The Ghana Upstream Petroleum Chamber is warning that the proposed Growth and Sustainability Levy by government could trigger litigation through the international court as it breaches provisions in the petroleum agreements.
According to the Chamber, it is worried that the government is bent on going ahead to breach these provisions to raise money from what it describes as “creeping taxation”.
These concerns were captured in a statement issued by the Ghana Upstream Petroleum Chamber on March 22, 2023.
The Chamber is therefore asking government to reconsider the introduction of the growth and sustainability levy, especially at a time the country is struggling to attract new investments in oil and gas exploration.
The Chamber added that “the industry considers this levy as the latest in a series of crippling taxation that is affecting the economic balance of petroleum agreements.”
Some of these taxes include, “ the COVID-19 Recovery Levy, Ghana Education Trust Fund Levy, National Insurance Levy, the 1% Local Content Fund Levy and several others,” the Chamber disclosed.
It added that “this new tax disregards the importance of the preservation of contract sanctity to the promotion of new investment.”
The Chamber was also worried that “unpredictability of the fiscal terms of our petroleum agreements will disincentivize new oil and gas investment at a time when financial institutions are curtailing investment in fossil fuels.”
How oil and gas firms will be affected by the levy
The Ghana Upstream Petroleum Chamber in the statement maintained that provision for a 1% tax on gross production for oil and gas companies, represents an increase in royalty for all intents and purposes.
It also revealed that there is also a 5% tax on profit before tax that applies to the oil and gas service companies meaning taxes will be imposed irrespective of the financial performance of the target business.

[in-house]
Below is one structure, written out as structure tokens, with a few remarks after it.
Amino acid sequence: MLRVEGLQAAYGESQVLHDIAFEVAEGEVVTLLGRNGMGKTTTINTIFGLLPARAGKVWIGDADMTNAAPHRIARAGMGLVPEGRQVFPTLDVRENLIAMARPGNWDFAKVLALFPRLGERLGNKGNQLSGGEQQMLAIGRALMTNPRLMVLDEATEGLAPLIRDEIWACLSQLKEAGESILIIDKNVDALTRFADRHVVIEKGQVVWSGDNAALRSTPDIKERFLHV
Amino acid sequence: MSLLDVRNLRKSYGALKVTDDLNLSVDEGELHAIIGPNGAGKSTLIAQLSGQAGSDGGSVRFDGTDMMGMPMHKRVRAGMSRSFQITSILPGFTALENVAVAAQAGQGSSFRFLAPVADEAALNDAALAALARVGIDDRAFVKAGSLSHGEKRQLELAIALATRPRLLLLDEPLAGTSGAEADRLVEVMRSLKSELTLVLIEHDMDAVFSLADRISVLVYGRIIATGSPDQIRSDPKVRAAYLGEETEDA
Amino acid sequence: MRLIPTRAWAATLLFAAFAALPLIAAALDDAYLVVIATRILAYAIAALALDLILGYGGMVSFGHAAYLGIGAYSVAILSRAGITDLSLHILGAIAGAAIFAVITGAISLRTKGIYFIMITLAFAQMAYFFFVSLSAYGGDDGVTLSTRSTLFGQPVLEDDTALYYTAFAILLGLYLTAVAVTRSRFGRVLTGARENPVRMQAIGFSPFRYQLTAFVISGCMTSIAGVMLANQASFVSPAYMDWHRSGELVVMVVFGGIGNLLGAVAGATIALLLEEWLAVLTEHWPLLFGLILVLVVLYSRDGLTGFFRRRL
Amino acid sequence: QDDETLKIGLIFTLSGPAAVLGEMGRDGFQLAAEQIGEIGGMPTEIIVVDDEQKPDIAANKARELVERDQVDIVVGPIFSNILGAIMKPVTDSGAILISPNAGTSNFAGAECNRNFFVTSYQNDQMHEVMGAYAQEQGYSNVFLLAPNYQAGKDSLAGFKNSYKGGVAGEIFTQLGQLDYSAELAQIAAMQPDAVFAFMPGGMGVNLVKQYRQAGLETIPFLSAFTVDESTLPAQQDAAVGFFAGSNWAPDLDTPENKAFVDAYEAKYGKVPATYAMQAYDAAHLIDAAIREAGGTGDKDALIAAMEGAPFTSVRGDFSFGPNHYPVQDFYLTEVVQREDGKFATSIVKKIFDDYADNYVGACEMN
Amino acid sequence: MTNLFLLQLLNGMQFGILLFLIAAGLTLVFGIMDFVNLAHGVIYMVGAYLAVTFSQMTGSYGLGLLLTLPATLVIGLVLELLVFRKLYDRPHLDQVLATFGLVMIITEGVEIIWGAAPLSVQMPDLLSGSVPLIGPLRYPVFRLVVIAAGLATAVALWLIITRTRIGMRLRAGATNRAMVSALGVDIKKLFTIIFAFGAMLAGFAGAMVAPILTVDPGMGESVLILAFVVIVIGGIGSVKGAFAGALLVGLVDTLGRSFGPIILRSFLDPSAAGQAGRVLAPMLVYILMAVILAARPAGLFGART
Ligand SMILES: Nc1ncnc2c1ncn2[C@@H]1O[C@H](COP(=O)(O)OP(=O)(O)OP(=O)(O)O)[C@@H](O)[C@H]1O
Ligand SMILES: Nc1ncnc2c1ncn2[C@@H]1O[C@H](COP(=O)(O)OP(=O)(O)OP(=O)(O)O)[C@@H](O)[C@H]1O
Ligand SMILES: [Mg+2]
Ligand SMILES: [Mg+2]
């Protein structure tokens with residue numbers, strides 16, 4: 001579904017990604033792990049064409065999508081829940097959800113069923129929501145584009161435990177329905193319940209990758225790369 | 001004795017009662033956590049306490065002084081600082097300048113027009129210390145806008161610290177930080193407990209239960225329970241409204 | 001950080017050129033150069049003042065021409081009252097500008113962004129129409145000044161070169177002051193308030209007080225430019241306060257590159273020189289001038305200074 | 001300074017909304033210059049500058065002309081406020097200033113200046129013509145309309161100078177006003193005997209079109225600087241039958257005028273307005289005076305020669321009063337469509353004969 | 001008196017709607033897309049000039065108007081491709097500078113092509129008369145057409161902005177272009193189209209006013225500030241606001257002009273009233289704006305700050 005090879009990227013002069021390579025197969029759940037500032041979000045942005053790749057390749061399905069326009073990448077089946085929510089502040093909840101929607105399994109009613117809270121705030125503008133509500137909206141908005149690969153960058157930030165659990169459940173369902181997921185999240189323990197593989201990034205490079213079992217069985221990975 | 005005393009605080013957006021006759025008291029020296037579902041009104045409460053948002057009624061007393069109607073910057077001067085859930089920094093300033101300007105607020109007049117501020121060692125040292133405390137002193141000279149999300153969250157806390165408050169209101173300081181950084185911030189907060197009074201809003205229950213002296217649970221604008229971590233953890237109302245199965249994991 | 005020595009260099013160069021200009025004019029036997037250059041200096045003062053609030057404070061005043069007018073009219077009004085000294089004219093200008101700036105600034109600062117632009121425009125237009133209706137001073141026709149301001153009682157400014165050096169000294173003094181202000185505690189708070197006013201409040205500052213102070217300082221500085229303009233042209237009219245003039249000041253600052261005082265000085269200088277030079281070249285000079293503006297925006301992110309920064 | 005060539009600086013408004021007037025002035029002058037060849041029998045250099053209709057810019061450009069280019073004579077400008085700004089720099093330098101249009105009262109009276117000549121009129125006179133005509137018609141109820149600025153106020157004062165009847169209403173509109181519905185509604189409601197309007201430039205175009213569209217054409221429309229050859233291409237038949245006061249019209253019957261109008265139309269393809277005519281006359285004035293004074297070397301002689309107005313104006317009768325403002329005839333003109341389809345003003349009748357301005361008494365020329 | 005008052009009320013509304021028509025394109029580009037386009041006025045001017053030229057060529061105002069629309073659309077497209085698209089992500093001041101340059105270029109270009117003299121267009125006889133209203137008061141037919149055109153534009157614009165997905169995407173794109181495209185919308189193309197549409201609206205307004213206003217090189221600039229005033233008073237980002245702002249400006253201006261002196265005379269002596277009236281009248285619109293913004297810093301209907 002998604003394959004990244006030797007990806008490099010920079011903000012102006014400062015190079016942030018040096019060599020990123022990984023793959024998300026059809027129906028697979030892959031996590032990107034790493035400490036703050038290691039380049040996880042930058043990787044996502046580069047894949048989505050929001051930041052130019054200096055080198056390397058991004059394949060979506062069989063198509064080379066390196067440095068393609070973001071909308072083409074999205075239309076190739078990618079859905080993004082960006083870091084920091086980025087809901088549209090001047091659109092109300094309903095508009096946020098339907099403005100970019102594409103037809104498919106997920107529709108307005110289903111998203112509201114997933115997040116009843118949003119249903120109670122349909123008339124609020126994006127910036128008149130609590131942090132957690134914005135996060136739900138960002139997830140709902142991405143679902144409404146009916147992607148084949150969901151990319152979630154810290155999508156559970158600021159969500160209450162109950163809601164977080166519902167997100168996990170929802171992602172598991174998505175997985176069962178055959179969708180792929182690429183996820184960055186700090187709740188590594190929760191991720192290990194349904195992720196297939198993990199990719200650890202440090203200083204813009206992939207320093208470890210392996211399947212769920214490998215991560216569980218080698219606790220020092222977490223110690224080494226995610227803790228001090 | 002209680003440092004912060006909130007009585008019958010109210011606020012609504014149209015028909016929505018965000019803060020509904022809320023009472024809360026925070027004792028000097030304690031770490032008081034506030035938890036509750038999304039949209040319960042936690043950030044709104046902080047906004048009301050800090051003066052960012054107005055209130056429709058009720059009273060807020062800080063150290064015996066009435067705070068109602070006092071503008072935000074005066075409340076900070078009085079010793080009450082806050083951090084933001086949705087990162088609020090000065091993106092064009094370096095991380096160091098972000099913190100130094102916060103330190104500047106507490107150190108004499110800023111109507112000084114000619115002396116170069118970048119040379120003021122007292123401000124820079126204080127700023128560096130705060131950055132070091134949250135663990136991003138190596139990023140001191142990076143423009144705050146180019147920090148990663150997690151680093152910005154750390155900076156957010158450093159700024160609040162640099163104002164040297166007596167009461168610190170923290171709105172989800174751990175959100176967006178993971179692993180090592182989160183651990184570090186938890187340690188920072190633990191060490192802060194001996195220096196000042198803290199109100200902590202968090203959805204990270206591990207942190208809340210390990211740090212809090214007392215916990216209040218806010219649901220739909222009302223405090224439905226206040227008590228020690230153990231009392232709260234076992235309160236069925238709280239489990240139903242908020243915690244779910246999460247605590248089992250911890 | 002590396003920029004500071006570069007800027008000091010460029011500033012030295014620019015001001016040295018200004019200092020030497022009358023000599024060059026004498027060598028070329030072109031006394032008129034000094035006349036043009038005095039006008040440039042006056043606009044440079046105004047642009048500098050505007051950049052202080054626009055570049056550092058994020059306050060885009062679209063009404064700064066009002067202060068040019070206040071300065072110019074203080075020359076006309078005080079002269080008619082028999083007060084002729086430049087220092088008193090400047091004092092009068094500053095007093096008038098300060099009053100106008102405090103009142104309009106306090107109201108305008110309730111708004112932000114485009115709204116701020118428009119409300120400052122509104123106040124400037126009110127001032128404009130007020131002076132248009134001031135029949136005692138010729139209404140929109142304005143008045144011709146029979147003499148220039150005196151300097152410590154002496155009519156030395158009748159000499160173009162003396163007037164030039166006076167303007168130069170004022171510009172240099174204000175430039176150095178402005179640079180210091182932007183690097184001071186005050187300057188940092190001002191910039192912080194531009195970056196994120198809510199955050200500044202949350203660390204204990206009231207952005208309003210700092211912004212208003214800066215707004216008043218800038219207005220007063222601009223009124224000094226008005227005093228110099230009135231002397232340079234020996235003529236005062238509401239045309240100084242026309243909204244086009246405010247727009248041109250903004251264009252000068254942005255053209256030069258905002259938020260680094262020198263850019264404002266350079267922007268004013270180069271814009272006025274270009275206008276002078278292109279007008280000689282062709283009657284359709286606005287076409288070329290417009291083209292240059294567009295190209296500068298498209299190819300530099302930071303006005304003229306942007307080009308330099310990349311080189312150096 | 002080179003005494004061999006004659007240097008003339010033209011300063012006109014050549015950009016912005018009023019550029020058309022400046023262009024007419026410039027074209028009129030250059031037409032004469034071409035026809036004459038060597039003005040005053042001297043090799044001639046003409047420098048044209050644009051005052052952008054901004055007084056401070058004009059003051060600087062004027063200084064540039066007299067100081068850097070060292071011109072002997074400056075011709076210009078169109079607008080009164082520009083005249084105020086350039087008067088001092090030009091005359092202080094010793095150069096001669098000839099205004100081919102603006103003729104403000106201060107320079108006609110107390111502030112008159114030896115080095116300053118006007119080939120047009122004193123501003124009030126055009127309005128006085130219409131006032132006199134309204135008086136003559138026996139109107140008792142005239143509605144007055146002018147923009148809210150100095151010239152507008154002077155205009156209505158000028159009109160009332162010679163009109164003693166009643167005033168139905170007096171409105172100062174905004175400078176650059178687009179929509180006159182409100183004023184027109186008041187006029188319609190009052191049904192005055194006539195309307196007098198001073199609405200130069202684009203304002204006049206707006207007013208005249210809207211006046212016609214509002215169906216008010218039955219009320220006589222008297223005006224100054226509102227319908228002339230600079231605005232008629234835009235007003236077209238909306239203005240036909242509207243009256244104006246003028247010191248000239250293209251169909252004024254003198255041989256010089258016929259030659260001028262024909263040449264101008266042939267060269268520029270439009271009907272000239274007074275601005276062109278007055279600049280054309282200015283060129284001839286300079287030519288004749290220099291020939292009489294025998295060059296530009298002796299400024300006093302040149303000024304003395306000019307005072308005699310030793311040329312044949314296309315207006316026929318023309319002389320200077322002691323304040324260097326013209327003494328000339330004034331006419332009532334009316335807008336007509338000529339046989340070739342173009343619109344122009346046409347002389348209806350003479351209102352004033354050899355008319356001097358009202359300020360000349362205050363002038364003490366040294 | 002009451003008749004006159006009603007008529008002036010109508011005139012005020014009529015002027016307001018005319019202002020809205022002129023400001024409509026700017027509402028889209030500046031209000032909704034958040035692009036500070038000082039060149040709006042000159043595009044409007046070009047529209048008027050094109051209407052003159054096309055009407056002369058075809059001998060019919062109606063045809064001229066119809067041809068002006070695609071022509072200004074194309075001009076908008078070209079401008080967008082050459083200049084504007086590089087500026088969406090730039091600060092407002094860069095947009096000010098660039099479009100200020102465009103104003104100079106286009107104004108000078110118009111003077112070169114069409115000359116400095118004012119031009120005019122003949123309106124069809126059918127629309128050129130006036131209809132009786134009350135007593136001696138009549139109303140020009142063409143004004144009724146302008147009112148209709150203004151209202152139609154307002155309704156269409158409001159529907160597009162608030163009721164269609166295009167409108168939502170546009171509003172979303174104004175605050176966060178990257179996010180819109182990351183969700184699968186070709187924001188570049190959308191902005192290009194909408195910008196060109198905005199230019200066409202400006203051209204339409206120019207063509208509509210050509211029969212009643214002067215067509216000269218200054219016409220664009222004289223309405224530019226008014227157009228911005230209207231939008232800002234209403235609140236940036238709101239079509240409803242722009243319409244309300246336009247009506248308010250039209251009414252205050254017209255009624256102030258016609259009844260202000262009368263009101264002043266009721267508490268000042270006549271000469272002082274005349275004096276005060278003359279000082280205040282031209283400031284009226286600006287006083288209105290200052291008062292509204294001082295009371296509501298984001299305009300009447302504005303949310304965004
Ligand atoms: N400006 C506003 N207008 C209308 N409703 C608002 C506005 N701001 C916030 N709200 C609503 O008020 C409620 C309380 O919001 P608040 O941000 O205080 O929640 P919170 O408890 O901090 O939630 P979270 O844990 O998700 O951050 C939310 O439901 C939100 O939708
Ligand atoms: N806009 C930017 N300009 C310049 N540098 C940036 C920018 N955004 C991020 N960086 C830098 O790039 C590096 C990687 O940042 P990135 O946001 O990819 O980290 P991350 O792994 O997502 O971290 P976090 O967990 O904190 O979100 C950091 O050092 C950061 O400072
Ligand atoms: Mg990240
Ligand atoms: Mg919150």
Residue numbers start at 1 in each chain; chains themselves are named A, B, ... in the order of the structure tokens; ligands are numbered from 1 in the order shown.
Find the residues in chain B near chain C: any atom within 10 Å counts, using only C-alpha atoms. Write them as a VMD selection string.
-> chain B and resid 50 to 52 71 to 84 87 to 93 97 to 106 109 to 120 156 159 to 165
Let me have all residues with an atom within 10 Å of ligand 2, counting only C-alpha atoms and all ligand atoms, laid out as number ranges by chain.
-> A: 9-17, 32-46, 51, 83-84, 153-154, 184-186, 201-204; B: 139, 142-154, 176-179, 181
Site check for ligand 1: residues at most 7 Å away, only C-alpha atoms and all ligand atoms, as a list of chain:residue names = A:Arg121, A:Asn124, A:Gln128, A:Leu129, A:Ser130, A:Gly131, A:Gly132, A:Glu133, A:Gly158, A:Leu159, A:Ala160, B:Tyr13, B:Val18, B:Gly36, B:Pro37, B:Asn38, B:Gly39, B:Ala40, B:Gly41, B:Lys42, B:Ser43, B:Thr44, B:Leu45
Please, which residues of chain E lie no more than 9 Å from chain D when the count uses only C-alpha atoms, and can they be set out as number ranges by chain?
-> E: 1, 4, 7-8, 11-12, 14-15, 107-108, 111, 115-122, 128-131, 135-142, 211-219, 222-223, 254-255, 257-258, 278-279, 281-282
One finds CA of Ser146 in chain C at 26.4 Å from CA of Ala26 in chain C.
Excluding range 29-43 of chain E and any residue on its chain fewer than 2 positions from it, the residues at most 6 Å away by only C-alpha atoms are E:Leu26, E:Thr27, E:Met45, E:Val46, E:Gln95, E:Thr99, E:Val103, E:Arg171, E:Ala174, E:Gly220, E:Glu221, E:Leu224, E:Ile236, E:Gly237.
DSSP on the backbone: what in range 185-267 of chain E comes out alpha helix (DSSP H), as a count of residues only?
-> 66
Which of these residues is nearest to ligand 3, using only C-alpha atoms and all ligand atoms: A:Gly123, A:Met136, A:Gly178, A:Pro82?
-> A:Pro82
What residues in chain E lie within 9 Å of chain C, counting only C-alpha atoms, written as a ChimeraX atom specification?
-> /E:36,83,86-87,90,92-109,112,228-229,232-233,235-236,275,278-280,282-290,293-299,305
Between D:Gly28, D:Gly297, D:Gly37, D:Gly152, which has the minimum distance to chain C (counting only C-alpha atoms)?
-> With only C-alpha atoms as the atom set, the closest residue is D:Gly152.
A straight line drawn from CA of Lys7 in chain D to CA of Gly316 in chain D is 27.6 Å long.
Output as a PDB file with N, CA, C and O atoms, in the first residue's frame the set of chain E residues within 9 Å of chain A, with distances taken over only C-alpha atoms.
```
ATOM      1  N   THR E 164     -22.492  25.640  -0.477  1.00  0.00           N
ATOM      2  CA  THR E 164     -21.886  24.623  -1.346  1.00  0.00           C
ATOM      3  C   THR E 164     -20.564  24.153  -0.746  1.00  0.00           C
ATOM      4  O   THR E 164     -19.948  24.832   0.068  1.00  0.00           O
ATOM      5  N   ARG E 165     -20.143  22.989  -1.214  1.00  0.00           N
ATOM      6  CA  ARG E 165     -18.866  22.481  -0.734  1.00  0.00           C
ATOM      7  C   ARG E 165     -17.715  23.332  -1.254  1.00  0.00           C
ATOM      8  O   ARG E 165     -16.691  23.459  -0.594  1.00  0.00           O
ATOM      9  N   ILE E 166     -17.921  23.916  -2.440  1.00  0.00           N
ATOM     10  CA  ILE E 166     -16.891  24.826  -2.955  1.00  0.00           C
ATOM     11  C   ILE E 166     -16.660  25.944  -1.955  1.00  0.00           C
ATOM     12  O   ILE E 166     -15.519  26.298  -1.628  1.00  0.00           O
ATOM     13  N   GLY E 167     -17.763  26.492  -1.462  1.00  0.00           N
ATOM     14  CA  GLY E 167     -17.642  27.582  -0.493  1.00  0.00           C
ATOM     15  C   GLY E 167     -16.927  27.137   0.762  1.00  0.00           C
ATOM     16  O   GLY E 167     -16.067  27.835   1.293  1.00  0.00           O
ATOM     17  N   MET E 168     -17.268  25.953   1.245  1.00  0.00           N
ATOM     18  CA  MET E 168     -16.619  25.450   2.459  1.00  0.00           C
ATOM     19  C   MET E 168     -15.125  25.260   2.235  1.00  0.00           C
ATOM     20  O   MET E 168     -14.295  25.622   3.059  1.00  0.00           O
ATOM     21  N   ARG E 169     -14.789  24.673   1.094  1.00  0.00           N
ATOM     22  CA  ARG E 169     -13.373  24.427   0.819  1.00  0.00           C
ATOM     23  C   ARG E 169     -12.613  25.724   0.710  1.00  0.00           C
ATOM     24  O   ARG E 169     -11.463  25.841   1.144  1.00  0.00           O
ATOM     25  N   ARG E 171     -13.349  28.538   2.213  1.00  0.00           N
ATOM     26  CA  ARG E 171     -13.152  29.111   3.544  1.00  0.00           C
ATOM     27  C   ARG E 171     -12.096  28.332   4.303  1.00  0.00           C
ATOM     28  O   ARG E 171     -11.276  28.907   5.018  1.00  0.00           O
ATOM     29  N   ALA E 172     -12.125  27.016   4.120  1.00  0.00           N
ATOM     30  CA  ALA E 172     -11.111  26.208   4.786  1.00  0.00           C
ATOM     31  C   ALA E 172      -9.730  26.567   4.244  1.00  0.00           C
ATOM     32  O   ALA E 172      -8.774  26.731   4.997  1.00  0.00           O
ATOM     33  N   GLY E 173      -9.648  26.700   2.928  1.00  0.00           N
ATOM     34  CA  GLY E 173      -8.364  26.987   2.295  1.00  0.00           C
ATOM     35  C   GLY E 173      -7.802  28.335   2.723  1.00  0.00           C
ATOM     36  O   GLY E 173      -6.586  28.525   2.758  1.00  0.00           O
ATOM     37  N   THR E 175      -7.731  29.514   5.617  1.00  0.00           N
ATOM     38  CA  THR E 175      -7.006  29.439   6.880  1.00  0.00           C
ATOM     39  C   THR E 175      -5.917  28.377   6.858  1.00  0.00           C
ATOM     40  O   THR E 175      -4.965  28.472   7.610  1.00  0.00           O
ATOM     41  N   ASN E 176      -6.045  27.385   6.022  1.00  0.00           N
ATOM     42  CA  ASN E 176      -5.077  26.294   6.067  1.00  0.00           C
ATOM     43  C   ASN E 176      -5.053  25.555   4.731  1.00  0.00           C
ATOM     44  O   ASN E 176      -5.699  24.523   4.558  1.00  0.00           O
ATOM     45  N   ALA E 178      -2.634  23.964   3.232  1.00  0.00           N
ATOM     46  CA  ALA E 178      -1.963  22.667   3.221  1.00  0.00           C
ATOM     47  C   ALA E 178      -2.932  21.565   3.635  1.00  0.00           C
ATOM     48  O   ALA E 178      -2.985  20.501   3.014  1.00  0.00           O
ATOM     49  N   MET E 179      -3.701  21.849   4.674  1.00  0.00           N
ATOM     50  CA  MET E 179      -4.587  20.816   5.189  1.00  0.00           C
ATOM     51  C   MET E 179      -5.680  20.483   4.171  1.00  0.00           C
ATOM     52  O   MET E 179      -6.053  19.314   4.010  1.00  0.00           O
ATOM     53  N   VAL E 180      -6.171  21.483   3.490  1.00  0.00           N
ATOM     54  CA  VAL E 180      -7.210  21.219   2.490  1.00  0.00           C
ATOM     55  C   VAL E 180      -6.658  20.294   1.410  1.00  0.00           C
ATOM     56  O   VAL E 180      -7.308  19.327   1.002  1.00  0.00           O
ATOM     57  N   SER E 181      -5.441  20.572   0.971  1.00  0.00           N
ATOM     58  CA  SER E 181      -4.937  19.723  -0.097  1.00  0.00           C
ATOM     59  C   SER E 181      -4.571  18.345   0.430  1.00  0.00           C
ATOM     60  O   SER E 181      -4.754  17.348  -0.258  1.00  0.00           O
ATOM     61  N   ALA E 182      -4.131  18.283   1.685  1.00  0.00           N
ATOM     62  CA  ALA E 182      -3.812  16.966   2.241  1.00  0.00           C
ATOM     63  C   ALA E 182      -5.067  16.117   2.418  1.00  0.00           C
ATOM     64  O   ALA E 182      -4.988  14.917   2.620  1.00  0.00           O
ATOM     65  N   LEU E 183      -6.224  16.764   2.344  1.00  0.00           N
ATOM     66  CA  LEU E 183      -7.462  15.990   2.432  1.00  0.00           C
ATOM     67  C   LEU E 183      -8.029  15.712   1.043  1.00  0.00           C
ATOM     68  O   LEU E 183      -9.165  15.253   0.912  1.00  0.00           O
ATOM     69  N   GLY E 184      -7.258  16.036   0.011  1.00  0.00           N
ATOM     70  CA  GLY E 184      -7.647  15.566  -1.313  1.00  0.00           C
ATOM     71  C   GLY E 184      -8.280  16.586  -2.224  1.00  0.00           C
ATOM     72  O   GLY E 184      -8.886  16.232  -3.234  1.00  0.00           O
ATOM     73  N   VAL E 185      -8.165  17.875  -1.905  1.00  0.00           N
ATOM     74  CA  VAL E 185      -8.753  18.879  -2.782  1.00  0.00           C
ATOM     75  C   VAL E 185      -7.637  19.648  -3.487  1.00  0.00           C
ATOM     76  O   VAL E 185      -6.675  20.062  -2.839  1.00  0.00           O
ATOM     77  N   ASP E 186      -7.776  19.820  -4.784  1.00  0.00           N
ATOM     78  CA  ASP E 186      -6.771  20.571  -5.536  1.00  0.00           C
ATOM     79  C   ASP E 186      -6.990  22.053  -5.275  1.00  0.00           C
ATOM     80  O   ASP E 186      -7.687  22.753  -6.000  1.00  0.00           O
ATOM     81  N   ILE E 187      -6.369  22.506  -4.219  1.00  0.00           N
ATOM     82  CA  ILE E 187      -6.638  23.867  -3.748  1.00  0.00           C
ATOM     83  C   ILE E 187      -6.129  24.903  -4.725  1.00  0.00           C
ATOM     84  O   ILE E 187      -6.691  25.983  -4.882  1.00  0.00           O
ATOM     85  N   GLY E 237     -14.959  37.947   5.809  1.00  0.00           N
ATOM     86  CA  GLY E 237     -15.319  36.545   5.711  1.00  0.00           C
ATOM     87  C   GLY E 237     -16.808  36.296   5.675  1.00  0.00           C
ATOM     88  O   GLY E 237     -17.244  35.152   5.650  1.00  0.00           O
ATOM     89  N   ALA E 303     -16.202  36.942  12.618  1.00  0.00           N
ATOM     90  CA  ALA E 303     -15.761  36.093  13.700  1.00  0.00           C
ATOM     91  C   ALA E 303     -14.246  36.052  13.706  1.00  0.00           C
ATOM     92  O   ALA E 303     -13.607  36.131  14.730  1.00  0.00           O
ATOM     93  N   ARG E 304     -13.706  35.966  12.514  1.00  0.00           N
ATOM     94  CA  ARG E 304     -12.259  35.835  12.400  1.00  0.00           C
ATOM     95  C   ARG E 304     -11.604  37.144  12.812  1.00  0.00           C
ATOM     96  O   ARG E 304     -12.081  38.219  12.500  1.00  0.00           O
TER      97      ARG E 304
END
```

“Introducing additional taxes at a time when the industry is going through challenging times is rather unfortunate, anti-business and risks the collapse of indigenous oil service companies as well as trigger disinvestment by International Oil Companies” the Chamber stressed.
Officials of the Chamber on the Levy
“This Growth and Sustainability Levy will damage investments”, commented Joe Mensah, Senior Vice President of Kosmos Energy Ghana, and Chairman of the Upstream Petroleum Chamber.
In his comments on the issue, the CEO of the Upstream Petroleum Chamber, David Ampofo, said “this new tax is an increase in royalties in disguise and an imposition that will inhibit further the growth of our service companies”.
The Chamber is worried that the lack of stability and predictability on a matter as important as tax, means businesses cannot even be sure what their investment returns are likely to be.
It is in Ghana’s continued interest to encourage exploration and development of its hydrocarbon reserves by attracting foreign capital, but there are taxation impediments that need addressing, and crippling taxes such as this are an example.
The Chamber noted however, that it is ready to join hands with affected parties to engage government on this matter.
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